Short restrictions in air supply piping do not act as predictably as one may think. The smaller nipple may not play a role under most circumstances. The air is compressed and then finds the pressure/volume on the other side of the restriction until the point that the "choke flow" ratio is reached.
Choke flow calculations are fairly deep into calculus and I certainly am not an expert. What it boils down to is that the pressurre on the downstream side of the restriction would need to be almost half of the supply side before there would be any restrictive effect. I do not think you will experience any problem unless you plan on running multiple high air volume consumption tools at the same time, like a DA and a plasma cutter or impact. You just would not normally use the air fast enough for that to act as a restriction.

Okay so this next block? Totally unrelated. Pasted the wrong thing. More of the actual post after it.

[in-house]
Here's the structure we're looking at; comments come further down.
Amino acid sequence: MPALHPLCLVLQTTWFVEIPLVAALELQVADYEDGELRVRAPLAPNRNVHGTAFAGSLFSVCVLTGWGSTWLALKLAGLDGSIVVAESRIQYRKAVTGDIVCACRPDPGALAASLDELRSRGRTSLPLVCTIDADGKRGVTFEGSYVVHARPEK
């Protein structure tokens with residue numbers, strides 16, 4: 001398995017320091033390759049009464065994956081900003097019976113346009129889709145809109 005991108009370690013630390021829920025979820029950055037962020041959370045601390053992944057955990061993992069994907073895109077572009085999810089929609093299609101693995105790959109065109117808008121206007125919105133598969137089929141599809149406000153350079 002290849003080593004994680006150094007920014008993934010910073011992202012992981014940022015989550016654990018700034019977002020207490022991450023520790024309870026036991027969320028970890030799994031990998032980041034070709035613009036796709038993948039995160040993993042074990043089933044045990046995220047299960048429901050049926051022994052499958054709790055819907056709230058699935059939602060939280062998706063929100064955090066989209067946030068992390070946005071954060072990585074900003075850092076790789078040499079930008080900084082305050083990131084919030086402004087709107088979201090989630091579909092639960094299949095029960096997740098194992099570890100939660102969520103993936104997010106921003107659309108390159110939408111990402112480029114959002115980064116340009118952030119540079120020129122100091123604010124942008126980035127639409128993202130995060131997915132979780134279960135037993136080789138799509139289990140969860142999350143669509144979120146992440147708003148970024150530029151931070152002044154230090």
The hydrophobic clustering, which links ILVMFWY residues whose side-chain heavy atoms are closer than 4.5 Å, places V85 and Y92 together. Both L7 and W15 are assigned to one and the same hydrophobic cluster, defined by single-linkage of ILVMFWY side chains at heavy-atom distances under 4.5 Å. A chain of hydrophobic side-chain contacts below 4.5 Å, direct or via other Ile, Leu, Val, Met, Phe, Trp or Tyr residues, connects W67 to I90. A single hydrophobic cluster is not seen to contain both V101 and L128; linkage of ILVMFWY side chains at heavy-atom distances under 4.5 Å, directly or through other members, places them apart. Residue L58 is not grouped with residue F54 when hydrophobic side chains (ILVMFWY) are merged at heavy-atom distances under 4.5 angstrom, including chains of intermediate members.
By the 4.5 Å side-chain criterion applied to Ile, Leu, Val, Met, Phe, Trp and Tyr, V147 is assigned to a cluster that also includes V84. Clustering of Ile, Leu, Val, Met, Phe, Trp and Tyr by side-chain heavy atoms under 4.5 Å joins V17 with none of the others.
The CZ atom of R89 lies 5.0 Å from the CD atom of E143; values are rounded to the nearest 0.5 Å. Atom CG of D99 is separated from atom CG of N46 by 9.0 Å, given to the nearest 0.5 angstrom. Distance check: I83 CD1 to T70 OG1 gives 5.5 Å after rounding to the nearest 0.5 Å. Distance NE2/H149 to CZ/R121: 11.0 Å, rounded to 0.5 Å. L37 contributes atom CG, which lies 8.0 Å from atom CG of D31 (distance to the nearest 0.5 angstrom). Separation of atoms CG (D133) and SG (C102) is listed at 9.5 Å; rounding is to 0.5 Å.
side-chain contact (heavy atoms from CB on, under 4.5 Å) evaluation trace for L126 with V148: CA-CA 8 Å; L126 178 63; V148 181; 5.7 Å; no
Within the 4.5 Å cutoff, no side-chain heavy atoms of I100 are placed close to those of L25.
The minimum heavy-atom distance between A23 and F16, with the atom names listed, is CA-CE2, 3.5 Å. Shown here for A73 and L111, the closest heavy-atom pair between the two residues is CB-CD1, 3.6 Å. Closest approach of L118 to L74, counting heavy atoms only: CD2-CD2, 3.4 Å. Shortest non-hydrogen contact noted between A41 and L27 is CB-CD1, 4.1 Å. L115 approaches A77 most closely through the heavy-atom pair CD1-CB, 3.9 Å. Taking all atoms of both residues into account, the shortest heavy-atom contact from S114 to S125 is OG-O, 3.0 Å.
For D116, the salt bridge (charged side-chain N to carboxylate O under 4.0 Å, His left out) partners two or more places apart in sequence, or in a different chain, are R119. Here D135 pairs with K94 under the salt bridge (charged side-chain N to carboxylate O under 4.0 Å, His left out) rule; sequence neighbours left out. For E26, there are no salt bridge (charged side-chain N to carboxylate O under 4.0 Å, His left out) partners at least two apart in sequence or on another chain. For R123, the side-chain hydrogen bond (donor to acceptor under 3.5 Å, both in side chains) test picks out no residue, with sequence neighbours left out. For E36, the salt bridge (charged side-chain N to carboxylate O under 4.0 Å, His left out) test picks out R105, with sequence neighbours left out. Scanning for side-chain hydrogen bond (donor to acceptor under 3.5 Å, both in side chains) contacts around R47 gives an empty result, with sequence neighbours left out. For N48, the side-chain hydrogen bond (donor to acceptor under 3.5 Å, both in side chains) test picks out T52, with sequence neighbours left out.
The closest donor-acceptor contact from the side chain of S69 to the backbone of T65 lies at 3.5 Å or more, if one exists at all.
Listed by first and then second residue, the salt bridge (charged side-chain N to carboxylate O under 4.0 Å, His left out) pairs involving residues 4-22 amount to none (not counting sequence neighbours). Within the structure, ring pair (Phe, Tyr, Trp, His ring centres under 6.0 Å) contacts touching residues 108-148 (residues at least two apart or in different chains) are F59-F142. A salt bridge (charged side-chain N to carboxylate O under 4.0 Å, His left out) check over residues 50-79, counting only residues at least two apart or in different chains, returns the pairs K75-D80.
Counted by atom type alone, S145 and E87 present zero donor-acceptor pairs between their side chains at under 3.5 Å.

That is why most smaller compressors only have a 3/8 outlet.
Of course, to gain the greatest volume and delivery regardless of how quickly the air is consumed, opt for the largest fittings. Easier than trying to do the calculus
I just wanted to point out that some minor restriction may be irrelavant based on the actual use of the system.
Incorrect. Once a line is restricted the system cannot pass more air than what can pass through the restriction. Period. No calculus needed.
In this case the 3/8 orifice may or may not impact this gentleman's useage but it will restrict the system's potential.